Tuesday, February 4, 2014

The way of the knife: Fox's The Following

Any regular follower of this blog knows I'm a bit of a binge TV watcher. My Netflix subscription is mostly used by my daughter in watching Spiderman, My Little Pony or Barbie. She's on a Mulan kick right now.
I don't have time for Netflix and the movies are really out of date. BUT -- when I'm off recovering from foot surgery (like last spring) -- I become a bit of a Netflix junkie with its TV offerings. (I am still way behind on AMC's Breaking Bad and Showtime's Dexter because I am watching those with the hubbie, but alas, I only have so much time.)
I finally got caught up on PBS's Sherlock Holmes and now record the current season. While season one and two were great, season three has a lot of fast-forward moments. Dr. John Watson's wedding was just so boring I skipped through most of the episode. Or it was interesting and the fact that I am recovering from foot surgery, the flu and some bizarre week of terrible headaches could have tainted my viewing attitude.
Anyway on to the main topic The Following. I am a Kevin Bacon fan in that I think he does well in choosing good roles to play. If you look through his acting history, he has good taste. Also to his credit he's married to Kyra Sedgwick, the star of TNT's The Closer, a kick ass show that never failed to entertain.

So, I did not watch The Following until last week. I binged on season one and two over the past five days. I had flashbacks to The Vampire Diaries, but I'll explain in a minute.
The show is pretty dark, loves knives and is kind of twisty-turnie in its plot. I think season one could have been abbreviated to eight or nine episodes, down from 15, because it got really repetitive and a bit formulaic. The problem with binge watching is you see everything up close and don't have the advantage of short term memory loss between episodes.
So to sum up season one, in practically every episode a good guy was kidnapped and a bad guy got killed. The bad guys multiplied faster than rabbits so they never ran out of evils, but the number of scenarios where Ryan or Claire or Joey were facing either rescue or peril was ludicrous. It really got kind of silly after a while a nd to a point where I just knew no one significant was going to die -- of course until the end.

Also in almost every episode, especially near the end of season one, there was a dark scene where Ryan or Mike or Debra, or all three in one case, are in a deserted house/abandoned armory/empty hotel under construction -- you fill in your location -- searching for bad guys by themselves, off book, and get caught/knocked out/taken hostage/beat up etc. I started to see flashbacks to season one while watching season two because they are using the same type of setup. It's dark. The protagonist is alone. They are knocked out by the bad guy and the bad guy/girl gets away. These guys really need new foils.
That takes us to the Vampire Diaries. I binge watched about five seasons of that show about 18 months ago and it was the same kind of scenario. Actually, I'm going to venture to say the Vampire Diaries was more thrilling in the first three seasons because the show wasn't afraid to actually kill cast members. See my old review on that mark. At the same time the central characters constantly faced danger/near death weekly that it became a bit absurd.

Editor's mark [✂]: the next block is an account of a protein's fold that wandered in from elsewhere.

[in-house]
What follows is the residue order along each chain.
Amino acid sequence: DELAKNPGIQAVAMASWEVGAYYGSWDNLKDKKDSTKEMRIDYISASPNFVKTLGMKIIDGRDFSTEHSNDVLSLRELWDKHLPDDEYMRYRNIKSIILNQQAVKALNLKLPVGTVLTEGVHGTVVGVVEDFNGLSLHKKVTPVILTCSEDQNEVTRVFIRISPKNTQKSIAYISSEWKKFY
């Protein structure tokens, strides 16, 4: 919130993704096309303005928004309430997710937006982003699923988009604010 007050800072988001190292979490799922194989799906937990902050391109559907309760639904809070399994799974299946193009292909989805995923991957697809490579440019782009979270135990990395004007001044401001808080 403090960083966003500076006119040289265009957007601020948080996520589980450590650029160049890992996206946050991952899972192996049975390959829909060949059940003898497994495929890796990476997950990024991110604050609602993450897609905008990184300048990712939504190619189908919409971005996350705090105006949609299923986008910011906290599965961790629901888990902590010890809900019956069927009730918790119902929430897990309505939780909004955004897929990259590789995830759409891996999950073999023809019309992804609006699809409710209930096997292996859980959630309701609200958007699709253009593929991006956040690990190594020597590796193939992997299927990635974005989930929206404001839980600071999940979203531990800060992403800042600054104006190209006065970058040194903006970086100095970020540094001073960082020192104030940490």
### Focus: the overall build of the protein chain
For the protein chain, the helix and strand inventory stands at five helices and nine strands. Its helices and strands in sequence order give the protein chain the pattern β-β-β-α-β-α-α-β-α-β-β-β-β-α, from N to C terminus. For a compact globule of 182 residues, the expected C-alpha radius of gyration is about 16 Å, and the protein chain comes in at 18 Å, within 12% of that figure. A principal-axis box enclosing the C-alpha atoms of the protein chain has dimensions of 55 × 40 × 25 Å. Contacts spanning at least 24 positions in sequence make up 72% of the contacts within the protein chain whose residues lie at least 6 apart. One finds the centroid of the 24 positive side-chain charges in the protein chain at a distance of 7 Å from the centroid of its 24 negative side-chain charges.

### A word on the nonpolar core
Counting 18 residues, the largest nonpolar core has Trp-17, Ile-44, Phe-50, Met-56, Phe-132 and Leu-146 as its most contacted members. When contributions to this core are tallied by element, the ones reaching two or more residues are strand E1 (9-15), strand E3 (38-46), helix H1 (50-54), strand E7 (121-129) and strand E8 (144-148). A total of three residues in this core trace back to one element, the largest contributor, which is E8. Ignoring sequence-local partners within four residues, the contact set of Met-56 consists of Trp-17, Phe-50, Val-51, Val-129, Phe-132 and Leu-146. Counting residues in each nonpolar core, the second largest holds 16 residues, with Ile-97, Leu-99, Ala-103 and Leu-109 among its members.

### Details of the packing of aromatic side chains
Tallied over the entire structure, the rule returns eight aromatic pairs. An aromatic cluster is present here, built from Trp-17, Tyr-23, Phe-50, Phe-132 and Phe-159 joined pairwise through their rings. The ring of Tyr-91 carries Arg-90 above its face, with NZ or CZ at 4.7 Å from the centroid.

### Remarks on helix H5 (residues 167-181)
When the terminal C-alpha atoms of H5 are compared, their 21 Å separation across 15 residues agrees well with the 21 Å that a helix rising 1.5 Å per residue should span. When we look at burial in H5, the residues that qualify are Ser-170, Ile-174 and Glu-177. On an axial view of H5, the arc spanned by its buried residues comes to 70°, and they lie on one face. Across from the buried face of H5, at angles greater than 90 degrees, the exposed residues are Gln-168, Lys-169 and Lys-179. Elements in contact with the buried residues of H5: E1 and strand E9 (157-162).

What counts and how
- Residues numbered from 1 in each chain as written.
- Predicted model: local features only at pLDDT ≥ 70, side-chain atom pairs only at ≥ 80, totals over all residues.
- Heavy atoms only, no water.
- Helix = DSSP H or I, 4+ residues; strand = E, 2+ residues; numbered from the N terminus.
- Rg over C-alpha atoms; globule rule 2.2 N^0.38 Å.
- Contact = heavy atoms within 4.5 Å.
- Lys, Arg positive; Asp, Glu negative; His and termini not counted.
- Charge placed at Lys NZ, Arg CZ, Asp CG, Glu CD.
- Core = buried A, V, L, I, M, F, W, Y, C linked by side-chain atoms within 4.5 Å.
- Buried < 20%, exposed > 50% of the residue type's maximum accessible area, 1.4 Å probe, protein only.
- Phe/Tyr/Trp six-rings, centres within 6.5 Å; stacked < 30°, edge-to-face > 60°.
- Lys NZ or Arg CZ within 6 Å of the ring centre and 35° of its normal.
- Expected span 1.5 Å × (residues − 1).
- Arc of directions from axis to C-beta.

Which brings us to Kevin Williamson, who is the creator and writer of both shows. I only seem to think of Dawon's Creek when his name comes up, which is strange because I recently checked out his writing history and about 90 per cent of the work he's done is horror/thrillers not teenage dramas. He's of Scream fame, which has to be the movie that gave horror a resurgence when it opened with its over the top horror/gore. I think Williamson was making fun of the genre and I think he does that with The Following and did that with the Vampire Diaries, I don't think he writes for the show any more.

OK. Enough Williamson blather. I see a lot of similarities in these two series. Vampires suck blood in a gory fashion, Joe's followers love to carve up victims with knives. These two series are full of blood-loving characters and since no one runs out of blood, there is always a supply for the gore-loving.
So, I just finished the third episode in season two of the The Following and I really liked it, for two main reasons, because there was some humor and sarcasm, ie: best line: utopian slut palace - and the story finally started moving forward with this year's psychos, who seem sicker and more twisted.
It was clear last season that while most of the characters loved killing, no one seemed to do it for sport or just for the fun of it. The deaths all had a thrill -- or a personal self satisfaction. This season the French loonies are bringing some spontaneity and unpredictability to the show that is much needed.
So far the one important piece missing from this season is emotion. I liked listening to the killers when they visited Joe in prison talk about their adoration for him and their past. In particular, I think they did a good job fleshing out Roderick's devotion and in the end Joe's betrayal of him. I actually felt sorry for Roderick, who was one sick puppy. Same goes for Charlie. I liked that guy and saw it strange/sick and twisted that he let Joe kill him because he'd failed his mission.
Also at the beginning at least, the Emma/Jacob love story seemed quite real and that scene with Emma's mother was very powerful. I just don't see any hints of that kind of attachment in season two, but it's only been three episodes, perhaps it's coming.

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